Sounds like the perfect research assistants to me! Although since Markway isn’t seen doing any scientic research of any kind during the movie, maybe they’re perfect after all. Also present, the nephew of the lady who owns the house, Luke (Russ Tamblyn, who’d just worked with Wise on West Side Story, and who no matter his age I will always know as Dr. Jacoby from Twin Peaks). He is a smug, rich playboy, whose every remark is smarmier than the last.
What does their research consist of, these four paragons of scientific inquiry? Nothing. Literally, not a damn thing. What happens is that they go to sleep, and then scary thumping noises start up, and the ladies are terrified, and the fellas come running, eventually, not having heard anything. No research is done. When the crazy noises occur, nobody ever leaves the room to, I don’t know, investigate them. They just stand there terrified.
Markway says over and over again that ghosts have never harmed anyone; they are merely visions. Nothing to be afraid of! Only, as above, he never once actually attempts to follow one, find one, interact with one. You’d think he’d at least have a camera. A test tube. An abacus? Anything. I think he takes some notes in one scene. Then again, he might just be drawing pictures of bunnies.
Late in the movie, after essentially nothing at all has happened, aside from a fair bit of yelling and the suggestion that Theodora is a lesbian (she’s jealous of Eleanor’s flirting with Markway and wants to share her bed with Eleanor—you know, for safety), Markway’s wife, Grace (Lois Maxwell), shows up. Wife? Eleanor is devastated. Markway thinks the house is much too scary for Grace, but she wants to stay anyway. She even wants to sleep, not with Markway, but in the—
Sorry, the nursery is where the little girl whose mother died mysteriously way back when shuts herself up in until she grows old and dies. It’s clearly the hauntediest room in the house. Outside its locked doors is a strange “cold spot” where our heroes’ breath comes out icy. But when Grace shows up? The nursery doors are open! Inviting her in, you might say. Cue music.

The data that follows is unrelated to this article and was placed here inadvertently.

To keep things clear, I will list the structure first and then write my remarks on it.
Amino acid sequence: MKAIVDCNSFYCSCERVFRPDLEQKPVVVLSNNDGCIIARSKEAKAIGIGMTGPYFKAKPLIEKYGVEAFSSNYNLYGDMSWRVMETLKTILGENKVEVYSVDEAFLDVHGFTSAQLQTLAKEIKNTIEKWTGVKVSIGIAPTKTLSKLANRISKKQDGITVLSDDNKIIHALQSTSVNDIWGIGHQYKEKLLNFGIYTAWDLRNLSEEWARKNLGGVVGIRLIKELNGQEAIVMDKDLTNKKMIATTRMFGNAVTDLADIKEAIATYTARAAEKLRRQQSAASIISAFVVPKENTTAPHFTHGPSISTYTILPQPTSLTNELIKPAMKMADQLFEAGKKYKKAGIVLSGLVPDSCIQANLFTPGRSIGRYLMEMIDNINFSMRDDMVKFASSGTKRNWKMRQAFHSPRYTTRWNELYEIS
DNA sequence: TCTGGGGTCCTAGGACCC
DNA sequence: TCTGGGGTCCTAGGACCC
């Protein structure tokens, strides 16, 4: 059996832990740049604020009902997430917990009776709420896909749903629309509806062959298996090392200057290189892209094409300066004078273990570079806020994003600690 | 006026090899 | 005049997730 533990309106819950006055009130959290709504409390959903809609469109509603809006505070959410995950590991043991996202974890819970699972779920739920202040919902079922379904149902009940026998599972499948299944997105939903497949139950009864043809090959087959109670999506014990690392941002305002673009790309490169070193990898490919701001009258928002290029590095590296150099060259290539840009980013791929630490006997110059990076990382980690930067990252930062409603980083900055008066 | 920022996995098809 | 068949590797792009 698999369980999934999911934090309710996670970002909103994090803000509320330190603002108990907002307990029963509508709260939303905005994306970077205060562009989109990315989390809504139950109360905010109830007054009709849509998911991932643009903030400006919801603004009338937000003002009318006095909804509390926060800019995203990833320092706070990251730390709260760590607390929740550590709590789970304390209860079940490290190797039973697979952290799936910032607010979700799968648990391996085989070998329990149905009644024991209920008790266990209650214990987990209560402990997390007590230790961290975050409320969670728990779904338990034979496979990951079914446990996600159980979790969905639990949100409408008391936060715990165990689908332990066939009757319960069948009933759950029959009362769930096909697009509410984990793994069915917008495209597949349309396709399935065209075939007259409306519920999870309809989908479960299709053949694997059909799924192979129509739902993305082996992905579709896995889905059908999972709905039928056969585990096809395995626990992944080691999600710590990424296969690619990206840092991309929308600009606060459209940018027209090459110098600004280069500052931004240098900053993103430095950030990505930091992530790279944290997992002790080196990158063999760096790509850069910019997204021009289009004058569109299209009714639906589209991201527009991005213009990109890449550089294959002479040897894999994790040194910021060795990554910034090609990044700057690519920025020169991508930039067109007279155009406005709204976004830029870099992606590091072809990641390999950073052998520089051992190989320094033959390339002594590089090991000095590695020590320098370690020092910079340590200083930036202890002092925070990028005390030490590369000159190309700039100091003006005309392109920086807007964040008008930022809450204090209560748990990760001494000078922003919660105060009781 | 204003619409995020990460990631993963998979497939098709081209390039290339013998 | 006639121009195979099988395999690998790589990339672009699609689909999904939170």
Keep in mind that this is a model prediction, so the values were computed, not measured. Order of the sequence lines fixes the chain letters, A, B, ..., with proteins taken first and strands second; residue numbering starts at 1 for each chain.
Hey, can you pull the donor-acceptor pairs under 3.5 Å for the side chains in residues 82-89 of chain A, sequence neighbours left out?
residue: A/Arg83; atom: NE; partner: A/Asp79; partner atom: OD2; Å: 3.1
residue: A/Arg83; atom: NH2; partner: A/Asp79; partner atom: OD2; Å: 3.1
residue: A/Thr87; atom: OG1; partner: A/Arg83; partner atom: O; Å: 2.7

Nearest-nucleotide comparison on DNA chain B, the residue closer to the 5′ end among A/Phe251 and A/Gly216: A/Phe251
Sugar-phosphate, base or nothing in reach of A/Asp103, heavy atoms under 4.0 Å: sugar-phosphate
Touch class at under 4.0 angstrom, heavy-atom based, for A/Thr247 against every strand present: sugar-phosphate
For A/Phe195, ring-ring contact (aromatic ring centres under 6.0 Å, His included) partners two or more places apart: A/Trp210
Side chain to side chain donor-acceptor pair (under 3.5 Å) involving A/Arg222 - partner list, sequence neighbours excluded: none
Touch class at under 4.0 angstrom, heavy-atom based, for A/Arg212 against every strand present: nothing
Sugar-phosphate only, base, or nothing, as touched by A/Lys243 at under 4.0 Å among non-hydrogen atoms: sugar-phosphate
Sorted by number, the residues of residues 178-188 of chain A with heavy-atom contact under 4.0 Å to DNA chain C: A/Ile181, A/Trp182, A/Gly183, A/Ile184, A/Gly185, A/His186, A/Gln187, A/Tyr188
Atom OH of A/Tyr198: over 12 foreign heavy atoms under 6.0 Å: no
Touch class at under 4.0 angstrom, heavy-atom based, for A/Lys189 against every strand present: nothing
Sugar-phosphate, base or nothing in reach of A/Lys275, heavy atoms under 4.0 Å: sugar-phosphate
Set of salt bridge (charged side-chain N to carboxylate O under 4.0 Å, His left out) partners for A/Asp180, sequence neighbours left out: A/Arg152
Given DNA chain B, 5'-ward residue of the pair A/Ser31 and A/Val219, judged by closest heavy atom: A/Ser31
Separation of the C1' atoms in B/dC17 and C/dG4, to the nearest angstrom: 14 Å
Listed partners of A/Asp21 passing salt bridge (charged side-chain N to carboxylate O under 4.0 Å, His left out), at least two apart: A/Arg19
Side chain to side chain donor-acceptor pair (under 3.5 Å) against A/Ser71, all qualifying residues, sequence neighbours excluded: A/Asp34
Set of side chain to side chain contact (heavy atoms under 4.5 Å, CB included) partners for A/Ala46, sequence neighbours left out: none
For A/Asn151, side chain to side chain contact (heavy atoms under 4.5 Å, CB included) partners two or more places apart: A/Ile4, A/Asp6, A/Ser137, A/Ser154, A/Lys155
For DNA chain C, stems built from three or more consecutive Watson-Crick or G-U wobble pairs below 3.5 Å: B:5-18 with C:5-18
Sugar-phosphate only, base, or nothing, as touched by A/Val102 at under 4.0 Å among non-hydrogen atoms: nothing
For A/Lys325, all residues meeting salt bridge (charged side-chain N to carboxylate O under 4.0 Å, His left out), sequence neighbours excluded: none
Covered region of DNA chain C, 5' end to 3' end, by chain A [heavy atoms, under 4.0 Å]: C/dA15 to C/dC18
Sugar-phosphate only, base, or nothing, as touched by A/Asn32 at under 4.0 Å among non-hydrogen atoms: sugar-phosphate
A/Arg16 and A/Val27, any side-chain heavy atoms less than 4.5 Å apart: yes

Then what? Oh, gosh, Grace disappears, don’t you know, winds up in the attic (“I was trying to get out of the house, but I got lost,” and you wound up in the attic? Really?) and scares the bejeebus out of Eleanor, who tries to drive away, but on the windy (curvy, that is) driveway there’s Grace again, all fright-faced and benightgowned, and Eleanor—well, I can’t give it all away, can I?
Apparently writer Nelson Gidding though the book was about the psychological breakdown of Eleanor, but in a meeting with Shirley Jackson was told no, it’s ghosts. The movie, as a result, is schizophrenic on the matter. It feels like maybe it wants everything to be in Eleanor’s head, while being quite clear that these weird things are really happening. Everyone experiences them. So which is it? Ghosts or crazy-time? A little of both. Eleanor is unhinged and thinks scary things are around every corner—and also, there are ghosts around every corner.
The Haunting is not scary. If you tell me people wet their pants back in ’63, I’ll accept it. The movie is made with a lot of skill and creativity, using then-innovative editing and shooting techniques, so it’s not surprising people were freaked out. Some people. Again, it didn’t do well upon its initial release. But now? I’m just not seeing the scares. I found much of the movie boring. The characters are ridiculous. The story is, in a word, absent. The Haunting is an exercise in style made by very talented and clever filmmakers. Impressive for that, but not much else.